Griffyn Ensemble, TAMS Depot, Kingston

Griffyns in the Tams Depot, Kingston

The next concert, Air, saw us sitting around cable drums in an old hangar on, fortunately, a very pleasant Spring day. We were neither too cold nor too hot. This concert, which coincided with the SPIN Festival, took us travelling by train, bike, plane and even into space. It started on a light note with Luigi Denza’s “Funiculi Funicula”, led by the always-expressive soprano Susan Ellis, and included another ensemble vocal piece led by Ellis, Freddie Mercury’s “Bicycle Race”. As with all their concerts, this one featured some seriously virtuosic playing, particularly from Kiri Sollis (flute) whose “The Great Train Race” (by Ian Clarke) was breathtaking and Matthew O’Keeffe who pushed his clarinet to surely its highest registers in “Someone is learning how to fly” (by Marie Samuelson). The final piece was Brian Eno’s mesmerising, eerie “Music for Airports” (first movement). It’s some 15 minutes or so long and rather repetitive but I could have listened forever. Dare I say I could imagine doing yoga to this, lifting my spirit while contorting my body!

Mt Stromlo burnt out telescope

In the roofless, burnt out telescope on Mt Stromlo

The year ended on something a little different, because, unusually, the whole concert comprised one multi-movement piece called “Southern Sky” by Estonian Urmas Sisask who was inspired by his visit to Australia in the 1990s. You can read an excellent review of the concert on the Canberra Critics Circle blog. I really can’t add anything to what they’ve said. It was cold but, luckily for us (and the musicians), the rain that fell a few kilometres away on my house missed us. The piece, arranged by Michael Sollis, shows off all members of the Ensemble (as the above-mentioned review describes). It was magical, spoilt only by the fact that the cloudy sky meant that astronomer Fred Watson could not actually point out any of the constellations represented in the pieces. I did love seeing Wyana O’Keeffe back in her percussion spot. We’ve missed her this year while she’s been away on baby duties.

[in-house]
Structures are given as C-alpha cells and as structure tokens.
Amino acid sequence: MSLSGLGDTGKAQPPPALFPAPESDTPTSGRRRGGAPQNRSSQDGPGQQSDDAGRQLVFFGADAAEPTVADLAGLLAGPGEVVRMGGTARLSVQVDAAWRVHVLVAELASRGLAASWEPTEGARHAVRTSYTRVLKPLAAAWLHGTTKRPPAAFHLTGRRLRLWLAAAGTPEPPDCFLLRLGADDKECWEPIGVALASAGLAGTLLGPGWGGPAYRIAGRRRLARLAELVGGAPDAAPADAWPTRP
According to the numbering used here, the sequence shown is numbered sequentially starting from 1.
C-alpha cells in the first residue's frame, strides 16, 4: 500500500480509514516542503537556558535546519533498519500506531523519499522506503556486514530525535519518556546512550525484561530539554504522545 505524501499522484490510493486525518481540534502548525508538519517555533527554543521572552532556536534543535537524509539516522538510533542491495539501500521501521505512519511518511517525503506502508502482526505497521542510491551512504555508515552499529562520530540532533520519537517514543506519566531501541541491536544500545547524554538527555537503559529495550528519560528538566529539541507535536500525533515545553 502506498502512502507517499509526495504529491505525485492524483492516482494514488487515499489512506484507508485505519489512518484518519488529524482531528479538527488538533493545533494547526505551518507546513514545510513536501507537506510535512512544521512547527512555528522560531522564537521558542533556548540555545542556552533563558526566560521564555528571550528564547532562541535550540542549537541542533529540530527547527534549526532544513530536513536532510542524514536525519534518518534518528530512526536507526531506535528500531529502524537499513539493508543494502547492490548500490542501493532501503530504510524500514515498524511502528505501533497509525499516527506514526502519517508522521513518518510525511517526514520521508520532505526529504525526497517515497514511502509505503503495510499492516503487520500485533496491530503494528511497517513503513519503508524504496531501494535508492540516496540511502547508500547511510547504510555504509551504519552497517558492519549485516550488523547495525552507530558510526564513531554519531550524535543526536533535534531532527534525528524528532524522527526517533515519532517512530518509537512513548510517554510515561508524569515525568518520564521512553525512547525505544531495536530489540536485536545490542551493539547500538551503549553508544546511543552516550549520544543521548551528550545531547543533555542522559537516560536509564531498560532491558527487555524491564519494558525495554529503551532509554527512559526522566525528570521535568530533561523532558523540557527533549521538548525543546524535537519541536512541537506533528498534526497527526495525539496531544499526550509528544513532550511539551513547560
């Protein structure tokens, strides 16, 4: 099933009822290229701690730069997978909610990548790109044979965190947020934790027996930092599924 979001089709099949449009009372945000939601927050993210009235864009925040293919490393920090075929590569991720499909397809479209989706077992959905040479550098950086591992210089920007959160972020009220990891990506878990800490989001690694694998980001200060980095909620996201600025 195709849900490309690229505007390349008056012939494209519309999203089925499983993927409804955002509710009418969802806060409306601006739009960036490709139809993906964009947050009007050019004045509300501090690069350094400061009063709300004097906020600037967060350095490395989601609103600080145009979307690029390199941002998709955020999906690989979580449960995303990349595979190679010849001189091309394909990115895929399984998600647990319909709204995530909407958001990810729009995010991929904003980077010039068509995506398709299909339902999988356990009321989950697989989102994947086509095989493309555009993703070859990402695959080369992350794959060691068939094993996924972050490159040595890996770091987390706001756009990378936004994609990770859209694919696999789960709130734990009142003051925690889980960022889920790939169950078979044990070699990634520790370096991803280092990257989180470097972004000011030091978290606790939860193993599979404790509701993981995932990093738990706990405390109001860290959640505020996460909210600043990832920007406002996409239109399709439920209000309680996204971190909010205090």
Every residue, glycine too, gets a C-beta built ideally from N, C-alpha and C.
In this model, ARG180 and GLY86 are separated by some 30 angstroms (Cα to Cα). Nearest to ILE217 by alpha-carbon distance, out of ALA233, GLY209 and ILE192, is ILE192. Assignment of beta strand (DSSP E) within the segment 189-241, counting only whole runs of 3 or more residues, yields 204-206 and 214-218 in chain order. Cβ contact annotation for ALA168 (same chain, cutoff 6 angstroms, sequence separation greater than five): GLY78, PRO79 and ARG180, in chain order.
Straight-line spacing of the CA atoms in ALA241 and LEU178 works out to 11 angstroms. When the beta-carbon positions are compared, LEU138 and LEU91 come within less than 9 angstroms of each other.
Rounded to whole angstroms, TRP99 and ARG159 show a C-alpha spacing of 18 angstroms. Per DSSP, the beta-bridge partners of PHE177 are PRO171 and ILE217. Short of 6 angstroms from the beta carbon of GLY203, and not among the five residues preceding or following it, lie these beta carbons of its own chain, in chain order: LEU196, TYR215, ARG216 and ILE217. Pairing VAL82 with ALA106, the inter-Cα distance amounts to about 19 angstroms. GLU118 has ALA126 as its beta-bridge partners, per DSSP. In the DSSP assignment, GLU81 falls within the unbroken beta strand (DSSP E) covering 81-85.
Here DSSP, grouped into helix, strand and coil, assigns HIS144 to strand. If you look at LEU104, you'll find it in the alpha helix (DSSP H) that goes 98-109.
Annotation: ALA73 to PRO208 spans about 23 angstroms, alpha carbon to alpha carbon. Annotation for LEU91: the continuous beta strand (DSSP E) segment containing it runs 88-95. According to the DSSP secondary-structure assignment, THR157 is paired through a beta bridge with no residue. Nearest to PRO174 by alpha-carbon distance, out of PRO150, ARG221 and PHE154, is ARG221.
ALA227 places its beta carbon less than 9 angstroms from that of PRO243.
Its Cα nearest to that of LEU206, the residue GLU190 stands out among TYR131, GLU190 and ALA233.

And so 2013 ended, a credit to Michael Sollis and his impressive all-round musicianship. What a team they are.

The Griffyns have announced their 2014 season, which is themed “Fairy Tales” and will see them again collaborating, as they like to do, with other creators around town. I can hardly wait.

If you are interested, you can hear examples of some of the music we’ve heard on the links below – but note that many of the pieces will be somewhat different to the versions we’ve heard, as ours were arranged by Michael Sollis for the Ensemble’s particular mix of instruments:

With apologies for this self-indulgent post but, you know, it’s my blog and I’ll write what I want to!

6 thoughts on “Griffyn Ensemble’s 2013 Elements of Canberra season

    • Oh they are wonderfully innovative … and introduce us to all sorts of contemporary composers – Japanese, Scandinavian, and others – in addition to “playing” with pop, rock, jazz, folk etc.

    • Yes, Stefanie, I think they did in a way! The last one, under the non-stars, particularly so. And the hangar suited the subject matter perfectly. It was fun sitting around the cable drums … And it helped that it was a perfect day with the light streaming in from the back.